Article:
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  • Lloyds owns Black Horse, which is Britain’s biggest motor finance provider 

Lloyds Banking Group has set aside £450million to cover the potential costs of a regulatory probe into  motor finance commission arrangements. 

Some analysts estimate the bank’s potential costs could reach £2billion, while others think the total could be considerably more. 

Lloyds chief financial officer William Chalmers said the provision was the bank’s ‘best estimate’ and declined to comment on analyst models.

Lloyds owns Black Horse, which is Britain’s biggest motor finance provider.  

Analysts at RBC Capital Markets have estimated the sector’s total compensation bill could reach £16billion, making it the costliest consumer banking scandal since misselling of payment protection insurance. 

Last month, the Financial Conduct Authority launched a probe into whether people had been paying too much for car finance. 

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Brokers who arranged car financing earned commission on the interest rates that they set for customers.

This incentivised brokers to charge customers higher rates regardless of other factors, such as the loan agreement’s length, a customer’s credit score or the loan’s value. 

Earlier this month, financial services group Close Brothers Motor Finance scrapped dividend payouts and warned of ‘significant uncertainty’ regarding the outcome of a probe into the motor finance industry.

Car financing: Brokers who arranged car financing earned commission on the interest rates that they set for customers

Aidan Rushby, founder and chief executive of Carmoola, said: ‘This move by Lloyds Banking Group, which operates Black Horse motor finance, reads as a tacit acknowledgement of the scale of the car finance misselling problem.

‘The sizeable reserve that has been set aside to deal with compensation claims underscores the serious concerns surrounding past commission practices in the car finance industry, and highlights the systemic problems that tipped the balance too far away from consumer interests, leading to unfairness and poor value.’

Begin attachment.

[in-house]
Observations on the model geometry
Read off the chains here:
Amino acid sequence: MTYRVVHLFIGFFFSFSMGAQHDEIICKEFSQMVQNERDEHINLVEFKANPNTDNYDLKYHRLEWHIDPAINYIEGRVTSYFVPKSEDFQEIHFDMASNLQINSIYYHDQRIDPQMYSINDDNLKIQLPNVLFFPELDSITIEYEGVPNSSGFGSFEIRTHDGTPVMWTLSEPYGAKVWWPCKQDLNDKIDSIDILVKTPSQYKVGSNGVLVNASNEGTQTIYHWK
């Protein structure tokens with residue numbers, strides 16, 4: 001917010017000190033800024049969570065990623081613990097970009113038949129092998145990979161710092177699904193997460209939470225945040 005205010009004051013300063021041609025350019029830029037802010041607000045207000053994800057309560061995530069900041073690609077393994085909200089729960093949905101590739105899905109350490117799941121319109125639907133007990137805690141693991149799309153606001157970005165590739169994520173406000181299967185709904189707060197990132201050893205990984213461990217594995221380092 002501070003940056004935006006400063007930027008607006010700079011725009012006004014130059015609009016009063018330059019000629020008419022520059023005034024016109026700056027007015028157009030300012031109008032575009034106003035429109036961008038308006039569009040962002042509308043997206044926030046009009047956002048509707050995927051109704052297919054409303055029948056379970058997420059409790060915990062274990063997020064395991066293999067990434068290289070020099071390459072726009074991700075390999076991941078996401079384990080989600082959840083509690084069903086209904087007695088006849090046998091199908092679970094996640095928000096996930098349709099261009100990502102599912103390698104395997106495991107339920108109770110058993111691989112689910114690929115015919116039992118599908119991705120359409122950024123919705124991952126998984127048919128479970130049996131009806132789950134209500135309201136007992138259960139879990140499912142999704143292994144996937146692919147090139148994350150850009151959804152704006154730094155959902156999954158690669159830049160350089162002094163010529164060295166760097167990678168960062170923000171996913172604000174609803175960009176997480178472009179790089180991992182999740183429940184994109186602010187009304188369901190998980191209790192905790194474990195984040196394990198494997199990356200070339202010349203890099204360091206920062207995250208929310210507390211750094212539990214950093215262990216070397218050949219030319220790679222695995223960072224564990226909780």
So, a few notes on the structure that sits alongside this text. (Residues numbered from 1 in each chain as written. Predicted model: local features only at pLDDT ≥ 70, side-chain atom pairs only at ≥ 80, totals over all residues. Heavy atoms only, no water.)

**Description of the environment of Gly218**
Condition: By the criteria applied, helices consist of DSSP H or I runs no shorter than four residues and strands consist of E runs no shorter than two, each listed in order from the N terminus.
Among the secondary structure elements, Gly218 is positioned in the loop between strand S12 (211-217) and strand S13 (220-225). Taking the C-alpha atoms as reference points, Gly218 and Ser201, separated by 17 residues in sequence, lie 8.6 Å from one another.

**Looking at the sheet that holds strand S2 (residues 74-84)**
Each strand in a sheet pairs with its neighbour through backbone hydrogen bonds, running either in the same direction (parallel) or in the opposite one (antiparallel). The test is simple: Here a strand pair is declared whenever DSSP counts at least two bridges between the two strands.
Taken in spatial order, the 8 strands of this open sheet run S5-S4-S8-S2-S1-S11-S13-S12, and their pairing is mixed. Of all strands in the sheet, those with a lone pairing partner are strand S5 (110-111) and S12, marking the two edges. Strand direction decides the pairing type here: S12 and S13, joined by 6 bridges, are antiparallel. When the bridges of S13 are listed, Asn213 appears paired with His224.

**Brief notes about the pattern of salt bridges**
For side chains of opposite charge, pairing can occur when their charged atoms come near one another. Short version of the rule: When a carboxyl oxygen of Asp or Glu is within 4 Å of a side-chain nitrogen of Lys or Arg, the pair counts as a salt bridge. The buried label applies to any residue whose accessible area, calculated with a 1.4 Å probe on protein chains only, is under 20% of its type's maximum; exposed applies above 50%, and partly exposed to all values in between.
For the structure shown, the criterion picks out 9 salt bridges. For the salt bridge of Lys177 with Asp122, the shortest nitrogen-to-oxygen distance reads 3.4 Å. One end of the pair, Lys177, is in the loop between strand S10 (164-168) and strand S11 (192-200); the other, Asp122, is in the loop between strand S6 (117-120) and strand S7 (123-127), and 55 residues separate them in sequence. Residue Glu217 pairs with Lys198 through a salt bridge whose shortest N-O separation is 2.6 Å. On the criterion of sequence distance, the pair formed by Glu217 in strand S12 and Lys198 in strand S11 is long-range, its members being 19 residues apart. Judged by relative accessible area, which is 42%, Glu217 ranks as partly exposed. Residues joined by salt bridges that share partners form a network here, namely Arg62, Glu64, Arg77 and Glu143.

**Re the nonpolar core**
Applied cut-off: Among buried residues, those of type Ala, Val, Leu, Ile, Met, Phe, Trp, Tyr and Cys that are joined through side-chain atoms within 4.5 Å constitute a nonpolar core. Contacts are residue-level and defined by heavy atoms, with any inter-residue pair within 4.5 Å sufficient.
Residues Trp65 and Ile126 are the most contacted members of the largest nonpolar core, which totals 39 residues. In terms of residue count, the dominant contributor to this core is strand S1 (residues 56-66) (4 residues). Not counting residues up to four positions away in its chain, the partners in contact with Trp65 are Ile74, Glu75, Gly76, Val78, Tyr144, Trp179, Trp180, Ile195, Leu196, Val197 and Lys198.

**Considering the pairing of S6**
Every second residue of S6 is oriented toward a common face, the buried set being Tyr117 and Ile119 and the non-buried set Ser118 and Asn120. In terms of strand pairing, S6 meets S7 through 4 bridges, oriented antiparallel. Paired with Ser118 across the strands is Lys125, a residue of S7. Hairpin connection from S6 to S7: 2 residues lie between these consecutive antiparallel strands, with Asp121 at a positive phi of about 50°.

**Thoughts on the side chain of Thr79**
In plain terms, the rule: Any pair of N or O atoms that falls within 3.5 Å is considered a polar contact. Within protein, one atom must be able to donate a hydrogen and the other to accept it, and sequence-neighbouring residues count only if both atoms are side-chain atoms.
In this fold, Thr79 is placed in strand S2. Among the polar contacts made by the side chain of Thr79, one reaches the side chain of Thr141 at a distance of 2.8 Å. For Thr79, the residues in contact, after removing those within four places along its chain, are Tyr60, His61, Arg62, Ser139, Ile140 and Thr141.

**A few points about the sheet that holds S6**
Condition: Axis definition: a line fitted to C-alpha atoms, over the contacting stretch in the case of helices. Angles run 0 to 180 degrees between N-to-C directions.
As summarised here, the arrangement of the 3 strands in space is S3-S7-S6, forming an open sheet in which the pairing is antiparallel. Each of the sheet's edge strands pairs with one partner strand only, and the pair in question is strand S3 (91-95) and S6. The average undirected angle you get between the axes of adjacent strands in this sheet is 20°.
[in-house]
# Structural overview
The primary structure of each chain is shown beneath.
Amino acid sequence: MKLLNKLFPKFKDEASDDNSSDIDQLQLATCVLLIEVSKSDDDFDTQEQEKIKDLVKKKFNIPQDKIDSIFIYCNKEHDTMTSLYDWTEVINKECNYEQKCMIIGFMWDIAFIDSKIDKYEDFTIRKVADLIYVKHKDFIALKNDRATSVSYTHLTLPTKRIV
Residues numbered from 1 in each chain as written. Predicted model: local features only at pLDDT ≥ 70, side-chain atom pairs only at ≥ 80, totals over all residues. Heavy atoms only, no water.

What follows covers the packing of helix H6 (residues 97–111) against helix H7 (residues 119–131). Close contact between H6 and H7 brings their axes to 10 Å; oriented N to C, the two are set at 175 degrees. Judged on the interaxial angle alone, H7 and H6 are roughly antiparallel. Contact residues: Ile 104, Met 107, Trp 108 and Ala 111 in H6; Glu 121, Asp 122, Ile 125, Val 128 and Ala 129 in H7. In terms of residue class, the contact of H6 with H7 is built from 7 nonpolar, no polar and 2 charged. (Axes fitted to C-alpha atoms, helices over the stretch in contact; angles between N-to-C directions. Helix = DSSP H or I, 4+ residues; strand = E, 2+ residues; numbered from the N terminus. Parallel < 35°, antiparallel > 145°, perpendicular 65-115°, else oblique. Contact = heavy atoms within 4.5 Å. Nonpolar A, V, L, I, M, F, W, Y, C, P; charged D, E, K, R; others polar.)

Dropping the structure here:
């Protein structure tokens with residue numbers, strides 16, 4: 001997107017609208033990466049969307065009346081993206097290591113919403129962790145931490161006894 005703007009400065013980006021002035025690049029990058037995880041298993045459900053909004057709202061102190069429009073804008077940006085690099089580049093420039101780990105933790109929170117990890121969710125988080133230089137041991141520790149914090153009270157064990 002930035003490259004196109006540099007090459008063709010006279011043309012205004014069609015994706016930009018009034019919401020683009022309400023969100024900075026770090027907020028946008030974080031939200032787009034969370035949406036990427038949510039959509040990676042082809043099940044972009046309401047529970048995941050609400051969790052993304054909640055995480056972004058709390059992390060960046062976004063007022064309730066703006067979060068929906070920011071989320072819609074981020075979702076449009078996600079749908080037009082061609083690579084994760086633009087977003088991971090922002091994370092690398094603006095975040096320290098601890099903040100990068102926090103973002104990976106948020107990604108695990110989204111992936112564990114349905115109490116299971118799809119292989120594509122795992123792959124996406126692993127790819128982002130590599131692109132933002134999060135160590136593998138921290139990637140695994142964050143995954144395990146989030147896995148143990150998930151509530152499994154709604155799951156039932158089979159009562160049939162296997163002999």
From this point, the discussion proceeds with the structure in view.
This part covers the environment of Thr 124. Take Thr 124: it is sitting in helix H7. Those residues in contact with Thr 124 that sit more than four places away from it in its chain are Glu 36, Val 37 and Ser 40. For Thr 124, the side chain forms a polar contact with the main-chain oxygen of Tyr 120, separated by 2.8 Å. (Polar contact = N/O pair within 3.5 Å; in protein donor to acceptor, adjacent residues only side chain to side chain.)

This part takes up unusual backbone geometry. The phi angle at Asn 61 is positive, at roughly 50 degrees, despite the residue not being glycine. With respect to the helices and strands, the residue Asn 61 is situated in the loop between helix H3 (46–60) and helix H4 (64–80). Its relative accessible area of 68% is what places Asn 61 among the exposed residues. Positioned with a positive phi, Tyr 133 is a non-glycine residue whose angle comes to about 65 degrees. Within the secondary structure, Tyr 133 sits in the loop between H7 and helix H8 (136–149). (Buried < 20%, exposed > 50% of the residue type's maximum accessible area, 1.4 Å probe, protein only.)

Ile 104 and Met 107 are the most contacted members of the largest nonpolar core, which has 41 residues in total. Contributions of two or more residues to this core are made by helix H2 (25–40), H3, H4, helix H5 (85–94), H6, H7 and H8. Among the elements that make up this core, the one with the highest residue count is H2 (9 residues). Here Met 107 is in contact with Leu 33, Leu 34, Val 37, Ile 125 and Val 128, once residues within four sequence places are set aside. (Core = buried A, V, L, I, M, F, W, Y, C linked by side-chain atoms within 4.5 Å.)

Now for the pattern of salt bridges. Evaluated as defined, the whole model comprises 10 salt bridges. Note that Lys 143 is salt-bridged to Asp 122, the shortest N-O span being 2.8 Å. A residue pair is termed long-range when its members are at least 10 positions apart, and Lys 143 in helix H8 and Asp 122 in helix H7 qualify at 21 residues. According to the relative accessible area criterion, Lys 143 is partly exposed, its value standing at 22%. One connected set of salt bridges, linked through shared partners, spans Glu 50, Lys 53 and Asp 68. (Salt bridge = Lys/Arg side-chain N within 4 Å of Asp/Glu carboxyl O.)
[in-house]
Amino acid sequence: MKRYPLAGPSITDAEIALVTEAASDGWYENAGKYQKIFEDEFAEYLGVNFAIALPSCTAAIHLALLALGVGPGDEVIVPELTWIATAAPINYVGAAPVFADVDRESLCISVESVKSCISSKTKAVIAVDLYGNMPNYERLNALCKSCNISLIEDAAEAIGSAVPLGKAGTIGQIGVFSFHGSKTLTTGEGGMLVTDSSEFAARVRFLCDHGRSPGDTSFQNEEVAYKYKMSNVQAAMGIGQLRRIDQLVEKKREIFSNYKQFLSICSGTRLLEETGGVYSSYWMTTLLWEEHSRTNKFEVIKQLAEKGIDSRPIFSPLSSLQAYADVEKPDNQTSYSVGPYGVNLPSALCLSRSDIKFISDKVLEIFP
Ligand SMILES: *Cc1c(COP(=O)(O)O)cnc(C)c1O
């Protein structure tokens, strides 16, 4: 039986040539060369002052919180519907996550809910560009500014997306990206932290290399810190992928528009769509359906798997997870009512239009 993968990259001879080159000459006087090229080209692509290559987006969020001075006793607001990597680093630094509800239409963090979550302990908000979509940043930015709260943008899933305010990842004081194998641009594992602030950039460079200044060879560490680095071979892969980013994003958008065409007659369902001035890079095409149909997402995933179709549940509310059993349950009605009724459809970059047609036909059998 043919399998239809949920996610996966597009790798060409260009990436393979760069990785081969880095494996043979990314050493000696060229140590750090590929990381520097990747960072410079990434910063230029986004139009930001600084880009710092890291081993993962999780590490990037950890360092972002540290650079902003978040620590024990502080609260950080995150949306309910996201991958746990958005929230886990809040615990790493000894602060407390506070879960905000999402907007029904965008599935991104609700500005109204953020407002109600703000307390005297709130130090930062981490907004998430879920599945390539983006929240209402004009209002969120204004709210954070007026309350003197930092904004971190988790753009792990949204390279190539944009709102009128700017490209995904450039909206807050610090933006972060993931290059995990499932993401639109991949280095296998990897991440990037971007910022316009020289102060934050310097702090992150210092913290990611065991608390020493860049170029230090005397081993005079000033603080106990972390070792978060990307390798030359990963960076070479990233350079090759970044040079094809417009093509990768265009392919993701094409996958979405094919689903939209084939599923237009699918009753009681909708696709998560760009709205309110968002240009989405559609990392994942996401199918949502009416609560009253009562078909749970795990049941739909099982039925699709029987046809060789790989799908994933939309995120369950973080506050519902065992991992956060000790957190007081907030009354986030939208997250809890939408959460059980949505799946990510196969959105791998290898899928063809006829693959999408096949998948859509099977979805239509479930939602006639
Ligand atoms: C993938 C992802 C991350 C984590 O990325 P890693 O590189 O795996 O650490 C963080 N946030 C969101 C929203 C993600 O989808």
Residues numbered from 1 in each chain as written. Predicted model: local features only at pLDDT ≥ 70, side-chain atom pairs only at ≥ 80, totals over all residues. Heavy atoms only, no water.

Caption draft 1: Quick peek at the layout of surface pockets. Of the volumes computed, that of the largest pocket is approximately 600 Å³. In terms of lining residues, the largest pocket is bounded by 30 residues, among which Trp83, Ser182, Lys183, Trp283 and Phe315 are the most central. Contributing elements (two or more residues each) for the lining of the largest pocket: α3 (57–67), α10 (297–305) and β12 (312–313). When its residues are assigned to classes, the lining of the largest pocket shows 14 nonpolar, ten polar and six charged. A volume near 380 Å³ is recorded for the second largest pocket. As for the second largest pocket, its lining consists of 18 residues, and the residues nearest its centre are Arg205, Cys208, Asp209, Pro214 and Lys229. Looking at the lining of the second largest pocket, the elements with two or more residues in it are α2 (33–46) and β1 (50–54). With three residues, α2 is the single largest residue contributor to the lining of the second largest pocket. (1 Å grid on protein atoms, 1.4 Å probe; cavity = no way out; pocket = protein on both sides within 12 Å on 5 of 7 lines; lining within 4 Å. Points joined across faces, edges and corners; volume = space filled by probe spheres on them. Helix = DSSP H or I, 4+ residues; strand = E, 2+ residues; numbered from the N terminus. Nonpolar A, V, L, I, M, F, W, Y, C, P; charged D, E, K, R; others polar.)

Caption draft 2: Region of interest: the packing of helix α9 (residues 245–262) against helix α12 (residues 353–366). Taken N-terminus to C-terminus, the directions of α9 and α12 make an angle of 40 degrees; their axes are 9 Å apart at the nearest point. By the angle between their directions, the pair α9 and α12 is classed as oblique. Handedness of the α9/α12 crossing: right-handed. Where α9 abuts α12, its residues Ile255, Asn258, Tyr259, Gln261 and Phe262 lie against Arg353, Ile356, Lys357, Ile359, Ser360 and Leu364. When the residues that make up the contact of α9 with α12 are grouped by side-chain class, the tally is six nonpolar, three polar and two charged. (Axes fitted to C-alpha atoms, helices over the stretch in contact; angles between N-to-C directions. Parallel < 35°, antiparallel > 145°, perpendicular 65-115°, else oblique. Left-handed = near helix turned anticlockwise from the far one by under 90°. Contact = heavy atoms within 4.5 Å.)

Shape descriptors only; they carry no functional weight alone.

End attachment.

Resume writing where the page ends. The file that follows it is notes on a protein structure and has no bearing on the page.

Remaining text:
He added: ‘The FCA’s intervention is welcome, and we are hopeful that it will lead to significant industry-wide changes, and for all financial institutions to align themselves with the principles of fairness and transparency.’

Lloyds sees profits rise sharply

Lloyds reported an underlying pre-tax profit of £7.8billion for the past year. This was up from the previous year and higher than forecasted.

Underlying net interest income came in at £13.8 billion, up 5 per cent on the previous year. Many banks and building societies have been benefiting from higher interest rates. 

Loans and advances to customers fell by £5.2billion to £449.7billion. This included the securitisation of £2.5billion of legacy retail mortgages in the first quarter and £2.7billion of retail unsecured loans in the fourth quarter.

In charge: Charlie Nunn is the chief executive of Lloyds Banking Group

Customer deposits for the year reached £471.4billion, down by £3.9billion on a year earlier, and including a £11.3billion reduction in retail current accounts.

The group, which also encompasses Halifax, Bank of Scotland and Scottish Widows, announced a final dividend of 1.84p and a share buyback of £2billion. 

Lloyds set aside £308million to cover potential unpaid loans, well down on £1.5billion a year earlier.